How to: Make Your Own Naan Bread

Warm. Chewy. Savoury.

A triple threat.

Naan’s got it all.


Naan is a leavened flat bread.

Sounds like an oxymoron, but I swear it’s both flat and light as air all at once.


It’s typically known to accompany curries, soups and stews in Indian cuisine where it can be used in lieu of pesky utensils to scoop food right into a hungry mouth.



Sure, you can find naan prepackaged in a variety of supermarkets these days. But just as we’ve shown you with no-knead bread, homemade stuff is basically the bomb (do people even say ‘the bomb’ anymore?).


We’ve also shown you how easy pizza dough can be, so if you’re a loyal follower, you should be a dough expert!

Kidding. Even if you’ve never made your own dough before you can totally do this. I promise, you will impress yourself.

DSC_6973I used white flour for 3/4 of this dough, but you can use up to half whole wheat flour if you’d like.  It won’t give you too much extra fibre, but I love the subtle flavour of a little whole wheat.

It’s safe to say most people know eating whole grains are a better option than refined ones. I would say if you’re eating whole grains most of the time (ie. if you buy whole grain breads when you grocery shop) and saving the refined stuff for when you make dough yourself, you’re probably hitting a good whole grain: refined grain ratio.


Canola oil is a good option for brushing the naan because it’s got a high smoke point compared to butter or olive oil and you need a nice hot pan for this recipe.


Bubbly goodness.


Once you get going, each naan only take about 2 minutes. 


When you’re done, you’ve got this big pile that you’ll want to shove in your face.


Fred feels the same way.

I served mine with this delicious chana masala recipe from the Smitten Kitchen blog. We’ve got a similar (and much simpler option) right here if you would like something similar. Though the naan would be delicious with any soup/stew/curry concoction you can dream up.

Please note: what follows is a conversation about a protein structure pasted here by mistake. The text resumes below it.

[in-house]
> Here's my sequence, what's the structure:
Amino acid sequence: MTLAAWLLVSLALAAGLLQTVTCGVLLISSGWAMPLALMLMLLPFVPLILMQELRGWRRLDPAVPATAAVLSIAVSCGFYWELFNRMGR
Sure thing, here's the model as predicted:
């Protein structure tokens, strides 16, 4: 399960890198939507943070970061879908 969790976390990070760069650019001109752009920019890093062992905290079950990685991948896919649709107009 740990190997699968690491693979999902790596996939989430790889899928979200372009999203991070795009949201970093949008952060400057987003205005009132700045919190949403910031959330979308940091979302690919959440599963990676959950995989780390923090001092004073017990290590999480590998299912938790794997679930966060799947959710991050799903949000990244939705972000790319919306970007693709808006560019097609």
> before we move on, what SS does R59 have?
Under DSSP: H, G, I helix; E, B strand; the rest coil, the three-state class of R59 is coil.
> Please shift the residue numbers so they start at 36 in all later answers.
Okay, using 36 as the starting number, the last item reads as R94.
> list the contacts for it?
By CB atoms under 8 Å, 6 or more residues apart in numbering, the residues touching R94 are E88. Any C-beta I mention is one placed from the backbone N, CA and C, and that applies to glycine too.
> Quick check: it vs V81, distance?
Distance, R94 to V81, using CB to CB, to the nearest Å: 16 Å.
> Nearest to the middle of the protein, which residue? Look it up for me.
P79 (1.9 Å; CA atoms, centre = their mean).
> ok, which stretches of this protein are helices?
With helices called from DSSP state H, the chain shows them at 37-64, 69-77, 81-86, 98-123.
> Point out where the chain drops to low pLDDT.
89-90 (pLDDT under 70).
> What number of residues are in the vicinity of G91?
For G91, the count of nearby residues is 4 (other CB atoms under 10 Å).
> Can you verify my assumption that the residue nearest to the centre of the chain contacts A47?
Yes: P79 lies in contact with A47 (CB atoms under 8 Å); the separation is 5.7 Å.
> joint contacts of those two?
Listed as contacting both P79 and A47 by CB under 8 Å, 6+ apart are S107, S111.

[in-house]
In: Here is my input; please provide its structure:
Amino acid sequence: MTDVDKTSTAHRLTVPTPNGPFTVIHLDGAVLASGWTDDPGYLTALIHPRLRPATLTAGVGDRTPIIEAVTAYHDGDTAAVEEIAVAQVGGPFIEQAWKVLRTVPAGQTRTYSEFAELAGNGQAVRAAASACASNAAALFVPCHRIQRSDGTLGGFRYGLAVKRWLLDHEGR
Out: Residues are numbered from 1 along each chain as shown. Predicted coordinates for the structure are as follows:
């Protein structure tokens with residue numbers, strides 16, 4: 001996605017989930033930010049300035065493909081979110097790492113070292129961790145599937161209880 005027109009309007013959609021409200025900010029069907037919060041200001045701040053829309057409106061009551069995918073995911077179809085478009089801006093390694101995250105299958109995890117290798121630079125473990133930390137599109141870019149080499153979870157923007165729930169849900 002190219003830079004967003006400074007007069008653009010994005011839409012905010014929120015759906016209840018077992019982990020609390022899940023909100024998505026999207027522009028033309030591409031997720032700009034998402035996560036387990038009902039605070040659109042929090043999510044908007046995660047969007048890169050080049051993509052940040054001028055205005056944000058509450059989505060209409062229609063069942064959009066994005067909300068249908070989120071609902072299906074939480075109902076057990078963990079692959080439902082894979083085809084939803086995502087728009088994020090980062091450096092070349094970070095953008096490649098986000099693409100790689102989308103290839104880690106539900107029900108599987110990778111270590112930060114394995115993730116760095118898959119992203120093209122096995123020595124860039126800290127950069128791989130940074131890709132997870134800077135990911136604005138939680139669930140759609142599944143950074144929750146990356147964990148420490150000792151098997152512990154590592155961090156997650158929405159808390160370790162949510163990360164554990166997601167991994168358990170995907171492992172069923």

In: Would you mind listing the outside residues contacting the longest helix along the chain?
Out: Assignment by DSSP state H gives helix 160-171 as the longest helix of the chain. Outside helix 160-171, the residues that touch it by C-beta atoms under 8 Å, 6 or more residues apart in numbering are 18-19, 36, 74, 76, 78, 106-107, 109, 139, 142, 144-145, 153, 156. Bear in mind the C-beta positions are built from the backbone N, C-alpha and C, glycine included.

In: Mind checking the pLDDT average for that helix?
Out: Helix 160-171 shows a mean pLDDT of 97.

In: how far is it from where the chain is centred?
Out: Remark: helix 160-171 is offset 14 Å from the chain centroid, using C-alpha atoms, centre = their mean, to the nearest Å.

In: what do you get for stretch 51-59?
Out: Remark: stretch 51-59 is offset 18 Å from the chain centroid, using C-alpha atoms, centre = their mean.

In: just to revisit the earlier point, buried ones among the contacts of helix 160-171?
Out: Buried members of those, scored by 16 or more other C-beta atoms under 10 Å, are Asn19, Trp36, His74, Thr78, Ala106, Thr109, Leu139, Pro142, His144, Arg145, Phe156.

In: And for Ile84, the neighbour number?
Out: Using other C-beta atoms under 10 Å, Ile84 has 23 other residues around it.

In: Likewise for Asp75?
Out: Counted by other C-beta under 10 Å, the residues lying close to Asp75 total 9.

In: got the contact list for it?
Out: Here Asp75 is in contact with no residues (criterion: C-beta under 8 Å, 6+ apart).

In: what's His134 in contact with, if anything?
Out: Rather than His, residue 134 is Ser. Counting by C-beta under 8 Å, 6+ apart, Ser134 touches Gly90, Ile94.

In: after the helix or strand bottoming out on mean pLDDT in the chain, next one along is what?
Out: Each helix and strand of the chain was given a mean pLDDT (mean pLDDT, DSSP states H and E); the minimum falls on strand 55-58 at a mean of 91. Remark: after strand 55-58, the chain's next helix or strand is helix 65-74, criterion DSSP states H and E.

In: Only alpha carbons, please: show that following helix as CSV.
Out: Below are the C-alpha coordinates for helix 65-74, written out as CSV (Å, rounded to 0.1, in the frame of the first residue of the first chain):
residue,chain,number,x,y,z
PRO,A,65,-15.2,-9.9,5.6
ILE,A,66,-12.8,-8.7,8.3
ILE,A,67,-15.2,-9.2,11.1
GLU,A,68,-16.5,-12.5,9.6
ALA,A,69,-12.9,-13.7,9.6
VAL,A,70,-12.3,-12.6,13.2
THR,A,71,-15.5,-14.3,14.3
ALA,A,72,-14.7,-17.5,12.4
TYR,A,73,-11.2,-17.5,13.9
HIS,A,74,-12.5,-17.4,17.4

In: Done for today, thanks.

So enjoy,




Serves 8 naan
Prep time 15 minutes
Cook time 1 hour, 30 minutes
Total time 1 hour, 45 minutes
Website Adapted from Half-Baked Harvest


  • 3 cups all purpose flour
  • 1 cup whole wheat flour (you can use up to a 1:1 ratio of white and whole wheat flours)
  • 1.5 teaspoons baking powder
  • 1 teaspoon baking soda
  • 1/2 teaspoon fine sea or kosher salt
  • 3/4 teaspoons instant quick rise yeast
  • 1/4 cup warm tap water
  • 1 teaspoon sugar
  • 1 cup greek yogurt
  • 3/4 cups warm milk
  • canola oil for brushing


If you're struggling to find a warm place to let your dough rise, try preheating your oven to 200F, turning it off and using the residual oven heat for your warm spot.


1. In a medium bowl or large measuring cup, add sugar and yeast to warm water and whisk lightly until combined. Let stand for 10 minutes.
2. In a separate large mixing bowl, combine flours, baking powder, baking soda and salt.
3. Add milk and yogurt to yeast mixture and stir until thoroughly combined. Add wet mix to flour bowl, mix with a spoon until it appears rough and straggly. Continue mixing with floured hands and forming the dough into a rough ball.
4. Cover bowl with a dish towel and let it sit somewhere warm for about 1 hour until the dough has approximately doubled in size.
5. Turn the dough out on to a floured surface. Form it in to a smooth ball by tucking the bottom edges under the dough and rotating it as you go. Cut dough in to eight equal pieces.
6. Form each piece into a small ball by again, pulling the edges under while rotating it. Sprinkle a little flour on each ball and roll them out to about 6-8" in diameter and about 1/4" thick.
7. Preheat cast iron skillet over medium-high heat. One at a time, brush one side of the rolled naan dough with canola oil. Place oil side down in hot pan, brush the side up in the pan with addition oil, cover with a lid and cook for 1 minute until the dough is bubbled and starts to brown. Remove lid, flip naan with tongs, and cook for another 1-2 minutes until it is fluffy and the bubbly parts are browned.
8. Remove from pan, sprinkle with herbs and/or other seasoning. Best if served warm on the same day, but freeze well too.

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